How do I register a death in England and Wales?
By law, a death must be registered with the Registrar of Births, Deaths and Marriages, in the district where the deceased lived, or where they died within five working days.
The purpose of registration is for the next of kin or executor of the deceased to present the Cause of Death Certificate, in a sealed envelope, to the Registrar who will then officially log the details in the register after reading to you the cause of death. Anyone present at death or accepting financial responsibility (executor/solicitor) for the funeral can also register.
Registration by declaration can be of use for a family who may live a long distance needing to register a death.
The family will need to contact the registrar (registrar a) in the area death occurred to ask permission to register by declaration, next contact your local Register office to inform the registrar there, (registrar b) of this action to take place. You will then register at your local registrar (b), they fax and send via the postal system to each other, so that registrar (a) can release the documents for the funeral to go ahead.
It should be noted that while this can save a lot of traveling for a family it is always best, whenever possible, to register in the district death occurs, as the vagaries of the postal system can sometimes delay the forms by extra days, this will have to be taken into account when arranging dates for the funeral. We will be happy to further advise on any aspects of registration.
The Registrar will need the following information from the informant:
• A Birth certificate and medical card
• Place and date of birth and death
• The deceased’s full name
• Their usual address
• Their marital status
• The occupation of the deceased
• Maiden name of the deceased (if a married, spouse’s full name and occupation).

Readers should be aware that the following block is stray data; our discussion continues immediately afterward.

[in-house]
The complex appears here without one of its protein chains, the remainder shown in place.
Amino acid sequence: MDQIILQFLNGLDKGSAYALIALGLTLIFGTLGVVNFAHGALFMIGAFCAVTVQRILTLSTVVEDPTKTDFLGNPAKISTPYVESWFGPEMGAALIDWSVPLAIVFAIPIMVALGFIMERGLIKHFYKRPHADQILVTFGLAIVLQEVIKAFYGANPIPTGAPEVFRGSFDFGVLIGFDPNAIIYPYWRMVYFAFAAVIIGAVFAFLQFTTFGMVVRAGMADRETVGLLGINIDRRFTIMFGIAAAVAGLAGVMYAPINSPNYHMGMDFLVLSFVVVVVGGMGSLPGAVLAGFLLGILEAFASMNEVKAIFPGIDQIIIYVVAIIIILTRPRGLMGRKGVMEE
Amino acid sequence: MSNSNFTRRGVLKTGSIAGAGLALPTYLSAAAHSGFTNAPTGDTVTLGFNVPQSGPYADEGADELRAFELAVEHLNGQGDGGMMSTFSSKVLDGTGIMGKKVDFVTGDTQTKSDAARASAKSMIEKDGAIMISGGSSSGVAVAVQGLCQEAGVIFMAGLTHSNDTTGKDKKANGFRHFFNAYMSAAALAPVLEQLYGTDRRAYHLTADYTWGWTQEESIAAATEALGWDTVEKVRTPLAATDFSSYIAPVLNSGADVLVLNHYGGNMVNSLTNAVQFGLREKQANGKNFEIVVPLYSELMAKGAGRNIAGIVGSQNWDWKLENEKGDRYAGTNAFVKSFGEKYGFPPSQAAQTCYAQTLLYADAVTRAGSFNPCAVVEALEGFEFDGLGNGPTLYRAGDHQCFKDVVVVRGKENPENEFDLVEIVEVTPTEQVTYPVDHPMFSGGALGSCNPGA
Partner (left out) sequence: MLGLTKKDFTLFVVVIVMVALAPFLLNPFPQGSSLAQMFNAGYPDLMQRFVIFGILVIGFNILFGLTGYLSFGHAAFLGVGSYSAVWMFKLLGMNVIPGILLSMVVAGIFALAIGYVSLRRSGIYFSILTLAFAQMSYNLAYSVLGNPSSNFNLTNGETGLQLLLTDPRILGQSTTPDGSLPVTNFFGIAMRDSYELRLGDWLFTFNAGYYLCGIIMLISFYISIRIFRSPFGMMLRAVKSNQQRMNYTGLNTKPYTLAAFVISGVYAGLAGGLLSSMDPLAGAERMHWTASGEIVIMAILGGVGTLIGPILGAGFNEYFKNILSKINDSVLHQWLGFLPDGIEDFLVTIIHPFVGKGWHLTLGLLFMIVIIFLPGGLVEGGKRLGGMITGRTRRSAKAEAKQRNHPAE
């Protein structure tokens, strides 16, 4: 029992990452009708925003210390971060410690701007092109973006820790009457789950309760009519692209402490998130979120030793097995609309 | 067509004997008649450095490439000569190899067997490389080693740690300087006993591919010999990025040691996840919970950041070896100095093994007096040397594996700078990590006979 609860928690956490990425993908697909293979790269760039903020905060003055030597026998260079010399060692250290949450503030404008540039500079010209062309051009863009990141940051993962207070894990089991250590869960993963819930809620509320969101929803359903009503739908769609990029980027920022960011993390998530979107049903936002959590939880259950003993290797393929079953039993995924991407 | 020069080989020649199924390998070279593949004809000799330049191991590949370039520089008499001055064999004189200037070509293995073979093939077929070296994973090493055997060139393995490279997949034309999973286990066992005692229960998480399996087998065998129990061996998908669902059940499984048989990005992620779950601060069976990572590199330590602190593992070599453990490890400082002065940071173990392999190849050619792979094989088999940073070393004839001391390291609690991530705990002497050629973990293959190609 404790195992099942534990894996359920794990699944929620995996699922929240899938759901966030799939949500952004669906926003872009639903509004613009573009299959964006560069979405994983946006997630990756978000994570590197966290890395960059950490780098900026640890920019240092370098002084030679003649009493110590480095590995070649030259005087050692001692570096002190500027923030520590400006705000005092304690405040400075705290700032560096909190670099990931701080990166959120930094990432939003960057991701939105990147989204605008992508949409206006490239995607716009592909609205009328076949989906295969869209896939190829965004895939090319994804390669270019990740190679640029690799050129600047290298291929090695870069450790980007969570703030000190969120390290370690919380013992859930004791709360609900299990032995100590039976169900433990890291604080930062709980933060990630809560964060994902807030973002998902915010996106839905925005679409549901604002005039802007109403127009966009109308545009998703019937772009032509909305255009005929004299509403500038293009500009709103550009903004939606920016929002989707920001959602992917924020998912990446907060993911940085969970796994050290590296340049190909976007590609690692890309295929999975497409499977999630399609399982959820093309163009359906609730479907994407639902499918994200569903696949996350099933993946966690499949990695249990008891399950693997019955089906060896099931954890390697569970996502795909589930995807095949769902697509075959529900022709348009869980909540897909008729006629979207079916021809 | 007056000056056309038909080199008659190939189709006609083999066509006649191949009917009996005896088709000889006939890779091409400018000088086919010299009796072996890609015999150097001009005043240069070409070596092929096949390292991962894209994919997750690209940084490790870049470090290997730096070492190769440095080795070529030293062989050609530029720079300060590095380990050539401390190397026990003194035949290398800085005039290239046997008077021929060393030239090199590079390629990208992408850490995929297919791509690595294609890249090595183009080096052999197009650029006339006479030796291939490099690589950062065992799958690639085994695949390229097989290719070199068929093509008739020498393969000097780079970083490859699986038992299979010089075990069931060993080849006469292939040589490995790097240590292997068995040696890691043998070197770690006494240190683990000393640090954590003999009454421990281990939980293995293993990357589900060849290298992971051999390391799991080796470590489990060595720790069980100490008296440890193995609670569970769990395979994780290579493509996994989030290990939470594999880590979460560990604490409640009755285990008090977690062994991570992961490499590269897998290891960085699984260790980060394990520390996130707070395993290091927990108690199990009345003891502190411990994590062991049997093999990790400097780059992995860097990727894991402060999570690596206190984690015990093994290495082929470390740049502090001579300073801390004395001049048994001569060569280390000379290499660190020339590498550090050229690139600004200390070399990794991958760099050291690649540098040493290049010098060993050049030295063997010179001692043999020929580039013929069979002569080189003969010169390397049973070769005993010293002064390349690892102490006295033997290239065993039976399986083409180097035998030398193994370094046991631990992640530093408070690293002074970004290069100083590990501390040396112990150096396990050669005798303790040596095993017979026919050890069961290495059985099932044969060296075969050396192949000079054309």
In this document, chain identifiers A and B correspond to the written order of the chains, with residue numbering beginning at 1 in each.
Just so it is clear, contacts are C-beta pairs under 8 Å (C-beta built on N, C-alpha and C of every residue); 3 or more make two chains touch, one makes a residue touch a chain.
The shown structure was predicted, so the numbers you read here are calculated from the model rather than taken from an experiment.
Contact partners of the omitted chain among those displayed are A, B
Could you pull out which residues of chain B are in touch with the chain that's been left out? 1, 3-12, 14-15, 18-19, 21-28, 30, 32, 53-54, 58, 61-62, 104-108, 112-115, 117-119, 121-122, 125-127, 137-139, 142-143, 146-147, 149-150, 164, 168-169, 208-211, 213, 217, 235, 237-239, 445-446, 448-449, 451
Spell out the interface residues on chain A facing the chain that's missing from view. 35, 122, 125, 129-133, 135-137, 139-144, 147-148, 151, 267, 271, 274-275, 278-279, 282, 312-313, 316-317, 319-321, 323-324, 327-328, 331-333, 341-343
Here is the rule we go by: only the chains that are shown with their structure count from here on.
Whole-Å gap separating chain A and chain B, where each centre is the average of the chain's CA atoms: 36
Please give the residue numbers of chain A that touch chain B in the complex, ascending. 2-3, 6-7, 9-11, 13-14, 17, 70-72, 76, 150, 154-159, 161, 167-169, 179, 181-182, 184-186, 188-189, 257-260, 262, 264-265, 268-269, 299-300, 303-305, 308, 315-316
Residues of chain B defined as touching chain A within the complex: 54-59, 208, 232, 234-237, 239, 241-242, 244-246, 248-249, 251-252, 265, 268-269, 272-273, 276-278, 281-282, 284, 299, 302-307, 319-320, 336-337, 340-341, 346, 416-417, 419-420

It’s worth remembering that we will, by appointment, help you with transport to and from the registrars if needed. We understand that some people rely on others for lifts, if you have no transport this can be an un-necessary worry for you.
The Registrar will issue you with the following:
A green colour Certificate, this needs to be given to your funeral director as soon as possible.
(This allows a Burial or Cremation to take place, it is our responsibility to take the green certificate, along with other important papers, to the authority involved).
The registrar will ask you if you need extra copies of the entry, to give to banks, insurance companies or private pension companies etc. there is a charge for the extra forms. This fee will be more if you purchase these at a later date.
There is an on-line service called “tell us once” you can use, www.gov.uk/tell-us-once, this tells the right parts of government so that they can:
• Work out final payments of benefits for the person who’s died (including the state pension) and tax credits.
• Make arrangements for Income Tax, National Insurance and Council Tax.
• Cancel the passport and/or driving license of the person who’s died (if you’ve provided this information).
• Let local councils know so they can make arrangements council housing and blue badge schemes.
• Make sure the person’s name is removed from the electoral register (also known as the electoral roll).